Clearly, some robocalls are good. You want that automated call from your drugstore when your prescription is ready and from an airline about a delayed flight. An analysis by YouMail, a call-screening service, found that if your phone rings and the number is not in your contacts list, the odds of it being unwanted are 50 percent.
“When you pick up the phone and it’s an unknown number, it’s like flipping a coin,” said Alex Quilici, CEO of YouMail. “Is it going to be a robocall or not? Half the time it is.”
And most of those unwanted robocalls (55 to 65 percent) are from scammers or someone else you don’t want to talk to, Quilici told Checkbook.
Red Flag: Does the Caller ID show that a call or text is coming from your phone number? That’s just a trick the fraudsters use to get you to answer the phone or respond to the text.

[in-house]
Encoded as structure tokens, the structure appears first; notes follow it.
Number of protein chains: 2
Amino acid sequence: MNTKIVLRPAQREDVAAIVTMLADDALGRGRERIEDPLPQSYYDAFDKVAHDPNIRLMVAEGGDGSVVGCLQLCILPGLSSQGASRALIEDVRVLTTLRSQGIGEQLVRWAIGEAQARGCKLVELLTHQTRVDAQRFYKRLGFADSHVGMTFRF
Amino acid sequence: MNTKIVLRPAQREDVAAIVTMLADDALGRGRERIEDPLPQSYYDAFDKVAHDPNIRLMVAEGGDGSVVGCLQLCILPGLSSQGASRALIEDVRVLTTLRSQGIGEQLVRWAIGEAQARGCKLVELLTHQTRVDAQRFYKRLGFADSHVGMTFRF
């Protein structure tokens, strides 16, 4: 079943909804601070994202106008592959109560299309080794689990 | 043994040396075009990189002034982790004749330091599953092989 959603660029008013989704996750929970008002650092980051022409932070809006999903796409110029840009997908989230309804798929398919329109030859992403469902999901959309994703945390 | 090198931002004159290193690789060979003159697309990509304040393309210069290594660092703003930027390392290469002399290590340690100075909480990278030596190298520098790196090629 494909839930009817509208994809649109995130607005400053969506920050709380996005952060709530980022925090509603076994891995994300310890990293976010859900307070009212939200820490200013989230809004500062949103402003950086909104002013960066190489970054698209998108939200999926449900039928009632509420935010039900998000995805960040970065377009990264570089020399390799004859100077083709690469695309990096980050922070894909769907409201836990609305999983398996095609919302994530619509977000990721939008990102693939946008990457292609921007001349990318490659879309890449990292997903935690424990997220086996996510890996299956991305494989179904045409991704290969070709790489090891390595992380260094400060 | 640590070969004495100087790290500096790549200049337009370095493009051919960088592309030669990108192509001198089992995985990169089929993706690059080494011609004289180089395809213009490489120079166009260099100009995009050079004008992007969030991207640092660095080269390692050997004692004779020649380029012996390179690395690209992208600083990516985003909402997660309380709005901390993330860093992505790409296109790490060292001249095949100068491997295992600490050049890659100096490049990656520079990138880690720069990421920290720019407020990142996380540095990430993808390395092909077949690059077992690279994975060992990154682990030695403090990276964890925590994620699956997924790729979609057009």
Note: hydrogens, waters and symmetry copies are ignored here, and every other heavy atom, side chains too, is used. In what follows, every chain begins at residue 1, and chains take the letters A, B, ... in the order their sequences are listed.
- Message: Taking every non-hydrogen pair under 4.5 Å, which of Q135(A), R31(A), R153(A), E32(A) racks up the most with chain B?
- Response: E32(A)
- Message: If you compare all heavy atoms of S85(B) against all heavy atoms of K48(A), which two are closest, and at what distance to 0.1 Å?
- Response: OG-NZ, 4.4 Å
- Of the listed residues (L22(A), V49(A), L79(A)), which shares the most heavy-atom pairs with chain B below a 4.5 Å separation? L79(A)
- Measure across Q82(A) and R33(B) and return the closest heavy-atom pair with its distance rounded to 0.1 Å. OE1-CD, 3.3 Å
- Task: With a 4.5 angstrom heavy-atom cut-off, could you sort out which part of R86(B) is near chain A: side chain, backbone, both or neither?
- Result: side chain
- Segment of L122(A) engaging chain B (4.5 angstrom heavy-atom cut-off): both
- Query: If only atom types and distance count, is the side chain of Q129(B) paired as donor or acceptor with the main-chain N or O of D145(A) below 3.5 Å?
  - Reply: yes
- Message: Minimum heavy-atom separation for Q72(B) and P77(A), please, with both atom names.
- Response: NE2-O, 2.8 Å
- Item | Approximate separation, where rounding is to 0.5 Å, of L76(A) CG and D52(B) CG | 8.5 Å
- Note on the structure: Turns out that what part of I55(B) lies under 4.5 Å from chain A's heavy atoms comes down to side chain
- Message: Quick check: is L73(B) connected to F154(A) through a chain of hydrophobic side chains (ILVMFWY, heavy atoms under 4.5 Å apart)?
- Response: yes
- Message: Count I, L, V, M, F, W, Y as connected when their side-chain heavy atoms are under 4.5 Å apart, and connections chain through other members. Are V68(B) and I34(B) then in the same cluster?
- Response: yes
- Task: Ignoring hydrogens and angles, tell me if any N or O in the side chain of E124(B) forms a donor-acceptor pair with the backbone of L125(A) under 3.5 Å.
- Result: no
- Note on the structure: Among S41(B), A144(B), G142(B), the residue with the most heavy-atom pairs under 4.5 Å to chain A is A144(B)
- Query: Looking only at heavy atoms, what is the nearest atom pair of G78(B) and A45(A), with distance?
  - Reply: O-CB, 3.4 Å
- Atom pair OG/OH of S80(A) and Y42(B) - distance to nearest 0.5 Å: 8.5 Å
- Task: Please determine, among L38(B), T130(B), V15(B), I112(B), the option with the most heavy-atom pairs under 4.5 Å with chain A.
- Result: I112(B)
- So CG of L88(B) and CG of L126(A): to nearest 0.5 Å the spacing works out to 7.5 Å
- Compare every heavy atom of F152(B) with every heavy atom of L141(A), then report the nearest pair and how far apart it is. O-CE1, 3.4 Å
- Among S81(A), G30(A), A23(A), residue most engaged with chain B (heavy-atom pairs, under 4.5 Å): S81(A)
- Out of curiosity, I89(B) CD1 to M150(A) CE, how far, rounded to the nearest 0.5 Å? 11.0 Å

What About the Do No Call Registry?
Chances are you’ve registered your phone number(s) with the National Do Not Call Registry. More than 244 million active phone numbers are on the list.
Created in 2003, the registry is a way for legitimate telemarketers to know who doesn’t want to be bothered. And from that standpoint, it’s been working well. Most legitimate companies honor people’s wishes not to receive telemarketing calls. Those that don’t face steep penalties and legal action.
On the other hand, the criminal organizations blasting out scam robocalls don’t care about the Do Not Call Registry—they’re crooks, often based in foreign countries—making it harder for the Federal Trade Commission, Federal Communications Commission, and Department of Justice to shut them down.
Wasn’t Technology Supposed to Stop This?